by Terry Ambrose
One of the players affecting the changes in the publishing industry is Smashwords. Founder and CEO Mark Coker expected the company to be popular, but even he has been surprised by the success.
“Smashwords has exceeded my expectations on a number of fronts,” Coker said. “When I launched Smashwords in 2008, I wanted to make it fast, free and easy for any writer, anywhere in the world, to self-publish an ebook. I had no idea we’d go on to become the world’s largest distributor of self-published ebooks.”
In 2008, Coker said ebooks accounted for only about 0.5% percent of the book market. He added, “I never expected the market to grow so quickly. Today ebooks account for 20-30% of book sales, and for some genres like romance ebooks probably account for over 50%.”
The market for self-published books closely mimics that of the traditional publishing industry with most books not selling well and a few making it to the bestseller lists. One of those bestselling authors is Chanda Hahn, whose Unfortunate Fairy Tale series has made the New York Times and USA Today bestseller lists.
Hahn described how Smashwords helped her career. “Mark Coker has grown Smashwords exponentially over the years and I’m proud at how hard he works to give his authors the best he can. The best royalty rates, a continually growing list of e-book vendors and the ability to do pre orders, which has been a huge asset in helping me hit the NYT and USA Today bestseller lists along with winning awards and recognition across all platforms and countries.”
Feeling that Smashwords gave her the tools she needed, Hahn added, “I had a voice and a story that I wanted heard, and when traditional routes were getting me nowhere, I tried Smashwords and overnight my story was heard loud and clear across the world.”
The company mission at Smashwords is to help authors get read by readers. Coker said, “You’ll see us continue to provide writers with free, easy-to-use tools that help writers publish with greater pride, professionalism and success. We’ll continue to innovate so our tools become faster, easier to use and more effective. We’ve got an exciting development roadmap planned for the next few years. Our goal is to help authors who publish with Smashwords be more successful than authors who do not.”
Elizabeth Spann Craig is an author who joined Smashwords in 2011. She publishes independently, but also writes for Midnight Ink and two Penguin imprints. A full-time writer, Craig sees several advantages to having her books on Smashwords. “I have the ability to list a book as free on Smashwords, which ensures that Amazon will price-match the free listing. This listing serves as a perma-free marketing funnel for my self-published series. The second biggest pro is that Smashwords handles uploading my book to large and small ebook distributors/retailers.”
Wide distribution was once only possible through the big publishing houses. Coker said, “If a writer couldn’t sell their book to a publisher, it was impossible for them to reach a lot of readers. Today, self published authors are in the cool kids club. The move to digital made it possible—desirable even—for every major ebookstore to carry every self-published ebook. This democratized distribution revolutionized the publishing industry.”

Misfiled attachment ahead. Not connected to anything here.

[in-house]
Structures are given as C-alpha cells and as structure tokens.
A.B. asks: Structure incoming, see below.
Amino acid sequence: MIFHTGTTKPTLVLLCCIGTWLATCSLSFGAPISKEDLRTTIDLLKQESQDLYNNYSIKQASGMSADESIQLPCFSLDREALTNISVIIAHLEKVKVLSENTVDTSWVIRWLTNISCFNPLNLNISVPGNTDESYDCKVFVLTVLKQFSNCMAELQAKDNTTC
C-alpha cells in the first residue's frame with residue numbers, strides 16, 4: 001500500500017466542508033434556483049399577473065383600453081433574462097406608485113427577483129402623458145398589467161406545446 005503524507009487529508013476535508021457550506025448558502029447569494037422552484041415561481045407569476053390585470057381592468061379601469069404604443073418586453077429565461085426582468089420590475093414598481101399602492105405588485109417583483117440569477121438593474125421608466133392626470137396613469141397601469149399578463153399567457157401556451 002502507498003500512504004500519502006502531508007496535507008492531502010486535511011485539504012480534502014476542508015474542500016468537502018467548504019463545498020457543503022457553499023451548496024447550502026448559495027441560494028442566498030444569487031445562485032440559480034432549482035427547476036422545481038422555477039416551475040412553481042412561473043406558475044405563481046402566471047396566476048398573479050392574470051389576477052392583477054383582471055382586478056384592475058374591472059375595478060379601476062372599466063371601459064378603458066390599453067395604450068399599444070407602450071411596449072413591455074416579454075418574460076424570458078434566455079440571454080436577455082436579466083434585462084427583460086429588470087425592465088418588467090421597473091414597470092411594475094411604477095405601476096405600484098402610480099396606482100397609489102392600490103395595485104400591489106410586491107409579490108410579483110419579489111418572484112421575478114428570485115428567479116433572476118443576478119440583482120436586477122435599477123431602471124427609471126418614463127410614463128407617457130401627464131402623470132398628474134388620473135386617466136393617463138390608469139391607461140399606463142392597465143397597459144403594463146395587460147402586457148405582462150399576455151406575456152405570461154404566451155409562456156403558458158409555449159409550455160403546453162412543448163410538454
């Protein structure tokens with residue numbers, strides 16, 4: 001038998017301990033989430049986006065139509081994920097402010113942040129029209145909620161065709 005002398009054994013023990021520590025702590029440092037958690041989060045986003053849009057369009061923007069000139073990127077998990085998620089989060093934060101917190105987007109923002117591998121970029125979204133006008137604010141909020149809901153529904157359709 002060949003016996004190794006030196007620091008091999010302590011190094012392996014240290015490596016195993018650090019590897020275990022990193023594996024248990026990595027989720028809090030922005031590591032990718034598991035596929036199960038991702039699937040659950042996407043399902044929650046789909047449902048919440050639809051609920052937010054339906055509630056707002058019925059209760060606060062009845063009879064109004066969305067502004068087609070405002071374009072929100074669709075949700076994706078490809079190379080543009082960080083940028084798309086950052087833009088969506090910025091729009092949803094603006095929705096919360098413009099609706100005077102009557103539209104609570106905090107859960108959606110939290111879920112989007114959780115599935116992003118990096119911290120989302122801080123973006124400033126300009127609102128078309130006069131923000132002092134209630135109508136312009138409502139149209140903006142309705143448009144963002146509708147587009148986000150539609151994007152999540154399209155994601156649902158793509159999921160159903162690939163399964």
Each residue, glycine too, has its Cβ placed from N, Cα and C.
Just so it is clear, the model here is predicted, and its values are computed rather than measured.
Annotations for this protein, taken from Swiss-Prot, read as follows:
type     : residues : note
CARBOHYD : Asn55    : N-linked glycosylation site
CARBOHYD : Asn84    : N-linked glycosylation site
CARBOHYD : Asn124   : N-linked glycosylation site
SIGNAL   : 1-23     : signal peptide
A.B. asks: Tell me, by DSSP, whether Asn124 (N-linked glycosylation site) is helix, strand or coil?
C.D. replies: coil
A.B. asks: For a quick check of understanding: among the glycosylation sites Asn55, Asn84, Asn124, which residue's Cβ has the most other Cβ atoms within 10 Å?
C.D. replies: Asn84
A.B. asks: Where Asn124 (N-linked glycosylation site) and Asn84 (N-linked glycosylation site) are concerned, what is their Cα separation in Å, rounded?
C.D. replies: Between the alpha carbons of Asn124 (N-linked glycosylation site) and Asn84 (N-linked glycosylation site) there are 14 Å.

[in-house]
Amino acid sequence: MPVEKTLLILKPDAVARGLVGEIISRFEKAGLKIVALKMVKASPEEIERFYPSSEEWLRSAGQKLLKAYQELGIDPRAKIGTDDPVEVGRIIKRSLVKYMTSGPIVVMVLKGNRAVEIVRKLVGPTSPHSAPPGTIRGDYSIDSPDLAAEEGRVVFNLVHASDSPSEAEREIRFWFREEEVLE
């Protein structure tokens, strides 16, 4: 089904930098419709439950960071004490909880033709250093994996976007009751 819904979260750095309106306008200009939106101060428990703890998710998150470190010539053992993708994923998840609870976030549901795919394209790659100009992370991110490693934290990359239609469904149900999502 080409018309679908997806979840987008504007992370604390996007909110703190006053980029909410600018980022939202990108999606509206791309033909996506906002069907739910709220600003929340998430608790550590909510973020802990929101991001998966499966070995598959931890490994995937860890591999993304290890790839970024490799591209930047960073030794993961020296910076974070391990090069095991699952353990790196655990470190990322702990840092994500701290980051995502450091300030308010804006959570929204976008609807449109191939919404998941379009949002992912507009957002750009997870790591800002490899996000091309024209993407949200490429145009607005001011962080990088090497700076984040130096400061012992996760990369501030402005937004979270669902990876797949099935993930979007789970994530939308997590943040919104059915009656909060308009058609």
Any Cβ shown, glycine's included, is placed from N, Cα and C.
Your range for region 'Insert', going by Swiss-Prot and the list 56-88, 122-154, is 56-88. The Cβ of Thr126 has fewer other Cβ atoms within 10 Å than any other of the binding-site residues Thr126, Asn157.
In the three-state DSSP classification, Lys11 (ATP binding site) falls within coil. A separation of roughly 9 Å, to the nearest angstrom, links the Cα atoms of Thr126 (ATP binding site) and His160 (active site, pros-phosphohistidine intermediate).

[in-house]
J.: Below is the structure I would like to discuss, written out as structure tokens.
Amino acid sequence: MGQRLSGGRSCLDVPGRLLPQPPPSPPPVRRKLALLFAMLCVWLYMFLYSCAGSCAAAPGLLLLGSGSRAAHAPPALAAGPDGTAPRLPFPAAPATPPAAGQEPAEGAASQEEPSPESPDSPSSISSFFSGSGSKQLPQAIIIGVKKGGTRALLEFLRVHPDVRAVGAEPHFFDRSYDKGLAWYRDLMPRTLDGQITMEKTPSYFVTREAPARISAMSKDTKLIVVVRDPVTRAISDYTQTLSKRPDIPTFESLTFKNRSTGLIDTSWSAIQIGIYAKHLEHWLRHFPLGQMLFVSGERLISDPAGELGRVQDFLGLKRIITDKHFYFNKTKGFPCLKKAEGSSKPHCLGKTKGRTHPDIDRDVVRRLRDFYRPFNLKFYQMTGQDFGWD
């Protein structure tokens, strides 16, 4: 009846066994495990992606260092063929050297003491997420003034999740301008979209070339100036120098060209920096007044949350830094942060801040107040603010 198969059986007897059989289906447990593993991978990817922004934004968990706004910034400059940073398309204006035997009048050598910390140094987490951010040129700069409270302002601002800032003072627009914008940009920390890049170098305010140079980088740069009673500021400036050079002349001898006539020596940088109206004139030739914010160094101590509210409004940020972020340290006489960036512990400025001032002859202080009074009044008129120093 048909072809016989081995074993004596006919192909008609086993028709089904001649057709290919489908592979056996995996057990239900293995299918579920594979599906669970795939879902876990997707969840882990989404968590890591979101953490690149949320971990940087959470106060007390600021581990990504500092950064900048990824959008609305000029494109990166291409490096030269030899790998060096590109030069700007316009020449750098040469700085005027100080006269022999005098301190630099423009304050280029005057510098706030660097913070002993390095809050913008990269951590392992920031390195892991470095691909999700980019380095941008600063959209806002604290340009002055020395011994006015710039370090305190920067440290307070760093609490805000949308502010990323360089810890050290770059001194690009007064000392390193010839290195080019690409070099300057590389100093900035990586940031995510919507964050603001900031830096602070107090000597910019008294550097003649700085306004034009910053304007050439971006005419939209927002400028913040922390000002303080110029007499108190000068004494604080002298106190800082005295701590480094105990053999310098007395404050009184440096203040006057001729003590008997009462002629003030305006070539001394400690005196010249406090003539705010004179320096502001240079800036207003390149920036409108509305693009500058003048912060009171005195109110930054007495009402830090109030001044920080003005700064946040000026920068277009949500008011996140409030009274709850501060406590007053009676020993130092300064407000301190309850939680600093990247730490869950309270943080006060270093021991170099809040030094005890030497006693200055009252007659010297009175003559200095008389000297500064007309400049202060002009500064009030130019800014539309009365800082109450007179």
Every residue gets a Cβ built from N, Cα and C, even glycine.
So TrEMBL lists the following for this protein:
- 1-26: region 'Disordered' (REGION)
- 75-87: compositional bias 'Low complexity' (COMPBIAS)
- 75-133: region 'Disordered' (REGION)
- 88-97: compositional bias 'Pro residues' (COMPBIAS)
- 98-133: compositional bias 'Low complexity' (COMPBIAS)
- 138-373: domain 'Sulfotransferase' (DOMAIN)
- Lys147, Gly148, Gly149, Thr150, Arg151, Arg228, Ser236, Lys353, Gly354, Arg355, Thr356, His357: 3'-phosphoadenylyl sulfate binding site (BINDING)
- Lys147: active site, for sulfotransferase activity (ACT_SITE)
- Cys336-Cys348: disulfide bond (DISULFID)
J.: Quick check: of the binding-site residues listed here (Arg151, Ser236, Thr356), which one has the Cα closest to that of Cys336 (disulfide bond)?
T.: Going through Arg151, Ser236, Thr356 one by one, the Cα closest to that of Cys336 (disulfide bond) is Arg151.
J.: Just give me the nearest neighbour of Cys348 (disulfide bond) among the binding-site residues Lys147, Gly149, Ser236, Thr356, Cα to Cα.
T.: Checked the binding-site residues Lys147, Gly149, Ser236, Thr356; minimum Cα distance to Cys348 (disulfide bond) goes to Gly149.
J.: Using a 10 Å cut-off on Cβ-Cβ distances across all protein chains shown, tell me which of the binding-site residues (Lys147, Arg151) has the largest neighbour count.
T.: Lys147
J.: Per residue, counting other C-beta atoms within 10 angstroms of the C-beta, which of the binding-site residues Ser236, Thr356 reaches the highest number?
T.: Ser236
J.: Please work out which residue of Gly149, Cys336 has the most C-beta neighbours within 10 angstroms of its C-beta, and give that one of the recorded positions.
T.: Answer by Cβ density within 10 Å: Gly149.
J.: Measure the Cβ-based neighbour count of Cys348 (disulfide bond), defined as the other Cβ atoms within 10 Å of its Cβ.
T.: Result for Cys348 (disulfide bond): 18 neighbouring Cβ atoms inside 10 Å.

Where independent authors once wore the stigma of being self-published, they now call themselves “indie authors.” Is this just marketing hype or is there something tangible behind the catchphrase?
Amy Miles is another of Smashwords’ best selling authors and agrees that the stigma has largely disappeared. She said, “A couple of years ago the words ‘self-publishing’ and ‘indie author’ definitely left a bitter taste in some people’s mouths. It was seen as the easy way into publishing and the idea was put forward that indie authors were not paying their dues. Today I believe that stigma has greatly shifted, helped along by the fact that many wildly popular traditional authors have begun to self-publish some of their own books.”
Reasons Miles cited for her shift to independent publishing include freedom to control the content, covers, and pricing. Miles added, “Authors can now blend genres together that would never fit into a traditional box. Are indie authors part of the ‘cool kids club?’ Definitely! And that club continues to grow every day!”
Coker sees several reasons why indie authors are gaining market share, including attempts to pioneer best practices for professional authorship and the consolidation of New York publishers. Unlike Amazon’s “winner-take-all” war against traditional publishers, Coker believes traditional publishers are still valuable. He said, ”I don’t view publishers as competitors. I want publishers to be successful, because they create new opportunities for our authors.”
Among those opportunities is the ability to market everywhere. Elizabeth Spann Craig said, “I have made my book available in as many areas as possible. Although my sales are strongest with Amazon, I believe that exclusively selling with one retailer could lead to problems farther down the road.”
Even Coker echoes Craig’s advice. “Avoid the mistake of making your book exclusive to any single retailer. You want your book in as many different stores as possible. You should also upload your book to Amazon, but be careful not to make your book exclusive to Amazon. Every writer beginning a book today has 100% assurance that one way or another, their book can be published.”
For more information visit www.smashwords.com to learn how to publish and distribute an ebook. Mark Coker’s free ebooks about ebook publishing best practices include The Secrets to Ebook Publishing Success, The Smashwords Book Marketing Guide, and The Smashwords Style Guide.
In this our Earth Day issue, you will find reviews of several ebooks!